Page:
I have always been a fan of the original GBA Fire Emblem games, to the point of despair when the localization of the Roy centred Fire Emblem: The Binding Blade never happened. I remember being hyped about the trips my grandma would take down to the pharmacy, so I could stay in the car while she shopped around.
The series is known for its incredible attention to map details, beautiful sprite artwork, and sprawling narrative that spans multiple continents. Enter, Dark Deity. A title that borrows all the aforementioned things to love from the GBA Fire Emblem titles, and successfully pulls on nostalgia memory strands, but is far more than just a clone.
Dark Deity starts by introducing you to four innocent-enough characters still in military school, that have dreams of joining the army of the Kingdom of Delia. The main character, Irving, is your traditional JRPG protagonist, with pastel red hair.
King Varic is desperate for soldiers to fill his army, so he recruits Irving and co. earlier than graduation to serve and to wage war against the neighbouring kingdom. The beginning of the narrative kind of drags its feet a little but picks up with more sense if the player pays attention. A massive plot awaits over the 28 linear gameplay chapters, but the title’s gameplay is FAR from linear.
Fire Emblem fans will fall into this title like greeting an old friend, and strategy RPG enthusiasts will feel at home, but there is much more than just brilliant sprite work and addictive gameplay. Each character comes outfitted with four weapons that can be upgraded.
“Dark Deity is loaded with personality, solid audio, and everything else a strategy RPG fan could want in a title.”
Each weapon serves its own purpose in battle. A longsword is a traditional damaging weapon, that can be upgraded to a claymore, and the short sword is more focused on being a light weapon that promotes the unit to attack more than once. Each weapon needs to be utilized by the commander to fit different battle confrontations. A fast enemy might make you miss with a regular weapon, so one suited for more accuracy will work better.
Although it still feels strange to hit an axe wielding character with a lance — Fire Emblem’s tactic system used a sword beats axe, axe beats lance, lance beats sword weapon triangle — the damage types are easy to figure out once you know where to look. A spear character does pierce damage, a sword character applies slashing damage, and each type is good against a different type of armour.
This adds a larger field of depth to the tactical experience, that is only brushed upon in Fire Emblem. Players can also choose how to promote each character on level 10, and 30 between four different class choices, which adds a degree of customization to each character. After the first couple of chapters, this title becomes hard to put down.
When a character loses all their health, the unit cannot be used again for the remainder of the map. This also leads to an ‘injury’ that reduces a unit’s random stat by 1. Garrick, an archer unit, during my play through received a shattered kneecap and suffered a -1 permanent speed stat loss. This can be deterring for players familiar with permadeath utilized in inspiration, but can save the player precious time by not needing to restart an entire chapter due to the untimely death of a beloved unit.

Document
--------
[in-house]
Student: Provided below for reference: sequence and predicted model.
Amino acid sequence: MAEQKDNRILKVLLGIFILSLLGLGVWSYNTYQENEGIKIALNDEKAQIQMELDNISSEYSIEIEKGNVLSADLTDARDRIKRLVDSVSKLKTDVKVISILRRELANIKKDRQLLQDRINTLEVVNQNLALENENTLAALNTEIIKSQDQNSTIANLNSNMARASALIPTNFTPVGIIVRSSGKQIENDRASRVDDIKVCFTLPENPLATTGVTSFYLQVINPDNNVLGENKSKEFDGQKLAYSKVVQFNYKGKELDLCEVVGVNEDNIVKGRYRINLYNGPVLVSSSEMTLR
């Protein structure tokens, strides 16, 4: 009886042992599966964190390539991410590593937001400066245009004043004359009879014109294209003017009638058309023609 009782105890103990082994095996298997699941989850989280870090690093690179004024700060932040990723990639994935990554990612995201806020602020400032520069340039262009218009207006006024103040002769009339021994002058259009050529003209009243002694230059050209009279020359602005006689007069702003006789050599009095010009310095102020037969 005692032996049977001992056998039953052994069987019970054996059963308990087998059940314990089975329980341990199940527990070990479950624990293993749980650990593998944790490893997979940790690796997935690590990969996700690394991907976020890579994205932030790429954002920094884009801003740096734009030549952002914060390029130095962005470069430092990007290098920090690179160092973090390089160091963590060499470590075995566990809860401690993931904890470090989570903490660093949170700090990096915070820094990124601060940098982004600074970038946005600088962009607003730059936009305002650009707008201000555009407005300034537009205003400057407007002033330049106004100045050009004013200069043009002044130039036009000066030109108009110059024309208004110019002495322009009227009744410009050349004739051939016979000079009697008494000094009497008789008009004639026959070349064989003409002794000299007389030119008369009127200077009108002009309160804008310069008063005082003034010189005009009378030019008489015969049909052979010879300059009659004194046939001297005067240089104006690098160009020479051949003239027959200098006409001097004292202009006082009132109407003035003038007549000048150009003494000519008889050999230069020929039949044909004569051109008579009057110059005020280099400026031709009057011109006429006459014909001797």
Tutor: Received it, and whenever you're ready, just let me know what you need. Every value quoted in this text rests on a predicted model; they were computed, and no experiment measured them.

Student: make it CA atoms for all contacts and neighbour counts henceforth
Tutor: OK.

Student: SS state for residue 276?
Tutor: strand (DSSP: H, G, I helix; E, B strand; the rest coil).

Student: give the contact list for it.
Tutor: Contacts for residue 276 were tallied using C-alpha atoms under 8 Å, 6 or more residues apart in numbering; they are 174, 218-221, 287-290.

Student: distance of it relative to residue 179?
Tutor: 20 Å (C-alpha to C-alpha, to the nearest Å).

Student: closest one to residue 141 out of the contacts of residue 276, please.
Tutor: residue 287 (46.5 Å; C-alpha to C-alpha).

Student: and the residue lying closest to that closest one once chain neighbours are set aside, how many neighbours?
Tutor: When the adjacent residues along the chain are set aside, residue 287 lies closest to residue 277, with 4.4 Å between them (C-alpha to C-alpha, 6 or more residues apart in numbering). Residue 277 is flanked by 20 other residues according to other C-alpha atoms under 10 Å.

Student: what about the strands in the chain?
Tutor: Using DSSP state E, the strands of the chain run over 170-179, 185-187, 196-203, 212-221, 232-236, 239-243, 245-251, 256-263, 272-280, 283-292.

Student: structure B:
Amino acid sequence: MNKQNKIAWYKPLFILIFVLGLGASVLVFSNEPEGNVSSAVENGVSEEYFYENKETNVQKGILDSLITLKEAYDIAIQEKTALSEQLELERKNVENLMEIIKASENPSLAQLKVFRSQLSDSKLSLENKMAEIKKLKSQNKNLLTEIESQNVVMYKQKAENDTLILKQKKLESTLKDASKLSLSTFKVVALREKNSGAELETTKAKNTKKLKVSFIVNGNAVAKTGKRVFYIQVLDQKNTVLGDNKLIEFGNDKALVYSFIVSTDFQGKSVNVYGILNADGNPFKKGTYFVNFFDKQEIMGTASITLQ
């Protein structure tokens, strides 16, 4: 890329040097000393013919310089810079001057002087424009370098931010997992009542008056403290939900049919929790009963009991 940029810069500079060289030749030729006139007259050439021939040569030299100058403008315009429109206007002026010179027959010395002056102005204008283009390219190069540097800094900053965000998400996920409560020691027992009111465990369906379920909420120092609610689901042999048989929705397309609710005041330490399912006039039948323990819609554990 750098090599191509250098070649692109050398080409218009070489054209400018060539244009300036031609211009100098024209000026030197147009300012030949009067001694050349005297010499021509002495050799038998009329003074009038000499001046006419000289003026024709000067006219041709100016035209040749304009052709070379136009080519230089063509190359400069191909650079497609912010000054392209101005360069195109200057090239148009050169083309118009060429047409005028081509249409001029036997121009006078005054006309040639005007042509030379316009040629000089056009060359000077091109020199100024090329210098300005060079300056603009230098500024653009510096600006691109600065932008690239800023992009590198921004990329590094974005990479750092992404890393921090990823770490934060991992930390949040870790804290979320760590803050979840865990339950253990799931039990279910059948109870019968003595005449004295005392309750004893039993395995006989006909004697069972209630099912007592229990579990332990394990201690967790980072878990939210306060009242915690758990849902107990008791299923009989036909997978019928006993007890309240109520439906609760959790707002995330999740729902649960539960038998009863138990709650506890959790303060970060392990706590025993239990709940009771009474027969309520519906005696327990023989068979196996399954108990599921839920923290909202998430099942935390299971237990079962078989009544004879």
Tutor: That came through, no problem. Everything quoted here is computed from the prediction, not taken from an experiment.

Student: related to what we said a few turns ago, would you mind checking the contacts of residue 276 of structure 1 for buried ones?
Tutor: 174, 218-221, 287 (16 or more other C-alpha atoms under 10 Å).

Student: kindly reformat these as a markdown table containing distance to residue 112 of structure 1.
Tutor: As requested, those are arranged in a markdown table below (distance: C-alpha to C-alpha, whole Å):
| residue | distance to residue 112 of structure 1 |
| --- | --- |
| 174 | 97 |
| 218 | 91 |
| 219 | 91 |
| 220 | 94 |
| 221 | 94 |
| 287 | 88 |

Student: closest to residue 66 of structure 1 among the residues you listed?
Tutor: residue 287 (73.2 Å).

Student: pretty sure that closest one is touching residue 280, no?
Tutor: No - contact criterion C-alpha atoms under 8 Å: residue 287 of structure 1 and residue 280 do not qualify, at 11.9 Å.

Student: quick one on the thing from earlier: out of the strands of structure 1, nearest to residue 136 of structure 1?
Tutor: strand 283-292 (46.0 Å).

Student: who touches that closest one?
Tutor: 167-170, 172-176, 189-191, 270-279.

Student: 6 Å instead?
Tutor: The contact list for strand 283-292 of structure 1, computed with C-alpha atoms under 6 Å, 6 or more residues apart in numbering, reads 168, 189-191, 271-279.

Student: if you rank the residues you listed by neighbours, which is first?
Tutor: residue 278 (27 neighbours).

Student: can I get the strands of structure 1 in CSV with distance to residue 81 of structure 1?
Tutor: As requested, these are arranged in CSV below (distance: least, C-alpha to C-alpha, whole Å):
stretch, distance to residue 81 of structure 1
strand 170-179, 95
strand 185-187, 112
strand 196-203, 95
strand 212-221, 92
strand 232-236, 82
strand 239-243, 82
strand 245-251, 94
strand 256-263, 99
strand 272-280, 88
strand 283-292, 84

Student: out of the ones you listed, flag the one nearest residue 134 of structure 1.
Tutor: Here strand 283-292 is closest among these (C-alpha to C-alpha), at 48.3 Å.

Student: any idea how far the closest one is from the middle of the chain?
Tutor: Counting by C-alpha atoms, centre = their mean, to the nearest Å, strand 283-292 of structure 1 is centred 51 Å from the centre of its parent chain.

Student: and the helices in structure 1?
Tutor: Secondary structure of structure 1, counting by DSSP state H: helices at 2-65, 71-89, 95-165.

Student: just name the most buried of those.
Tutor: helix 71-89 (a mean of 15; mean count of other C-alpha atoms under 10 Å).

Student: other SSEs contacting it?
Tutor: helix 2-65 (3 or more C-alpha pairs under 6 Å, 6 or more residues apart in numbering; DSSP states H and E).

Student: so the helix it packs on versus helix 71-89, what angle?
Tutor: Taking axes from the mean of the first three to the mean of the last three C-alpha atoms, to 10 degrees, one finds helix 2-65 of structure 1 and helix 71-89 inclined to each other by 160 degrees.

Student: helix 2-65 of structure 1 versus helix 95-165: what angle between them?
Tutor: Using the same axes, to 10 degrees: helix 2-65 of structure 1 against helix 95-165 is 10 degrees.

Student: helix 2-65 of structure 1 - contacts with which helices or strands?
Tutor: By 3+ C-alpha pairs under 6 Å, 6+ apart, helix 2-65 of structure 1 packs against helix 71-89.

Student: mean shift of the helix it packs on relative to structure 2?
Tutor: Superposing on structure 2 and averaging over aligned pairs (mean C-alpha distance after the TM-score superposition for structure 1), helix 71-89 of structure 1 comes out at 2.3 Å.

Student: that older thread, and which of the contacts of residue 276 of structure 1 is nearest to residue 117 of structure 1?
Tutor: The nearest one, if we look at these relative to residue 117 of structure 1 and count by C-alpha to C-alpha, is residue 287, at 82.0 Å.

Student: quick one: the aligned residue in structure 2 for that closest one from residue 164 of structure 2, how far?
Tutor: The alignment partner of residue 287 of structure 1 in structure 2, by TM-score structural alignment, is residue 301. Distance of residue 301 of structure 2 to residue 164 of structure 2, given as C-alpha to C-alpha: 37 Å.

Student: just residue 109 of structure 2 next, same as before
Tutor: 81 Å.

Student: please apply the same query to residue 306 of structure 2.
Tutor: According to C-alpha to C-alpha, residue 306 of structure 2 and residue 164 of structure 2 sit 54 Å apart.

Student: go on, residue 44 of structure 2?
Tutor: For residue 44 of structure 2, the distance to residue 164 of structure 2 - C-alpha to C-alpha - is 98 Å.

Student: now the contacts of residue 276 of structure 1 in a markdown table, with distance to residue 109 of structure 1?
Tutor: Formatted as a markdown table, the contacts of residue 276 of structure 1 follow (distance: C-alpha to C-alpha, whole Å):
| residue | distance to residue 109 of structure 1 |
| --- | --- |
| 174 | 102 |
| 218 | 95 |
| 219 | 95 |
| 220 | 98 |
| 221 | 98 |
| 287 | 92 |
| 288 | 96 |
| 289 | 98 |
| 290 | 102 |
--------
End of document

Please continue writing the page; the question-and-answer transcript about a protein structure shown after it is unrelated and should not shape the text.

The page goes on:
An addition could have had the player unable to use the unit for more chapters too, but this doesn’t happen. It’s hard to believe my archer recovered so quickly after a shattered kneecap. The thought almost made me sideline myself for a chapter. This punishment seems slightly lacking, but I can tell if a unit continuously perishes, they basically become unviable in the middle-end game.
Each character has a distinct personality to them, and they become trusted companions over the length of the story. Garrick is a sarcastic quipster who presses all the buttons on an elevator to get a rise out of his comrades, while Sloane is a spoiled brat born with a silver spoon in her mouth who acts like a tsundere type. When characters battle next to each other, their support level increases, which leads to fun conversations that give depth to the character’s personality, and the Dark Deity world. My favourite character is easily Benji, who speaks in the third person, and thinks he’s the greatest. A literal cartoon character that feels like he fits right into the world. Benji smash indeed.
There are a few issues I have with Dark Deity, however. There is no ‘give all items to the convoy’ selection when managing inventory. This makes it difficult to know exactly how I can outfit each character, and is present in many other SRPGs, a small quality of life improvement that can do wonders for the player that catalogues inventory between missions.
When a character levels up, Dark Deity lags just a bit, but it makes me feel like the title crashes each time. This could be a me problem, but that small panic happens every time. Lastly, there is no ‘Suspend’ option on chapters. This is remedied by the Switch being able to go into ‘Sleep mode’ to take a break between long 30 or more-minute chapters, but suspending and being allowed to do other things with the freedom to come back would have been a worthy addition. Benji likes being allowed to suspend.
Dark Deity is loaded with personality, solid audio, and everything else a strategy RPG fan could want in a title. The narrative is linear, but the choices the player makes during a battle make no two playthroughs the same. Certain other SRPG’s can take notes from the map design and winning conditions, as this title features some of the most varied in SRPG, gone are the days of simply ‘rout the enemy.’ Dark Deity gives enough to be a solid entry into the SRPG landscape, and seeps with personality that can make any gamer stick around for the conclusion, a worthy and challenging entry to the SRPG genre.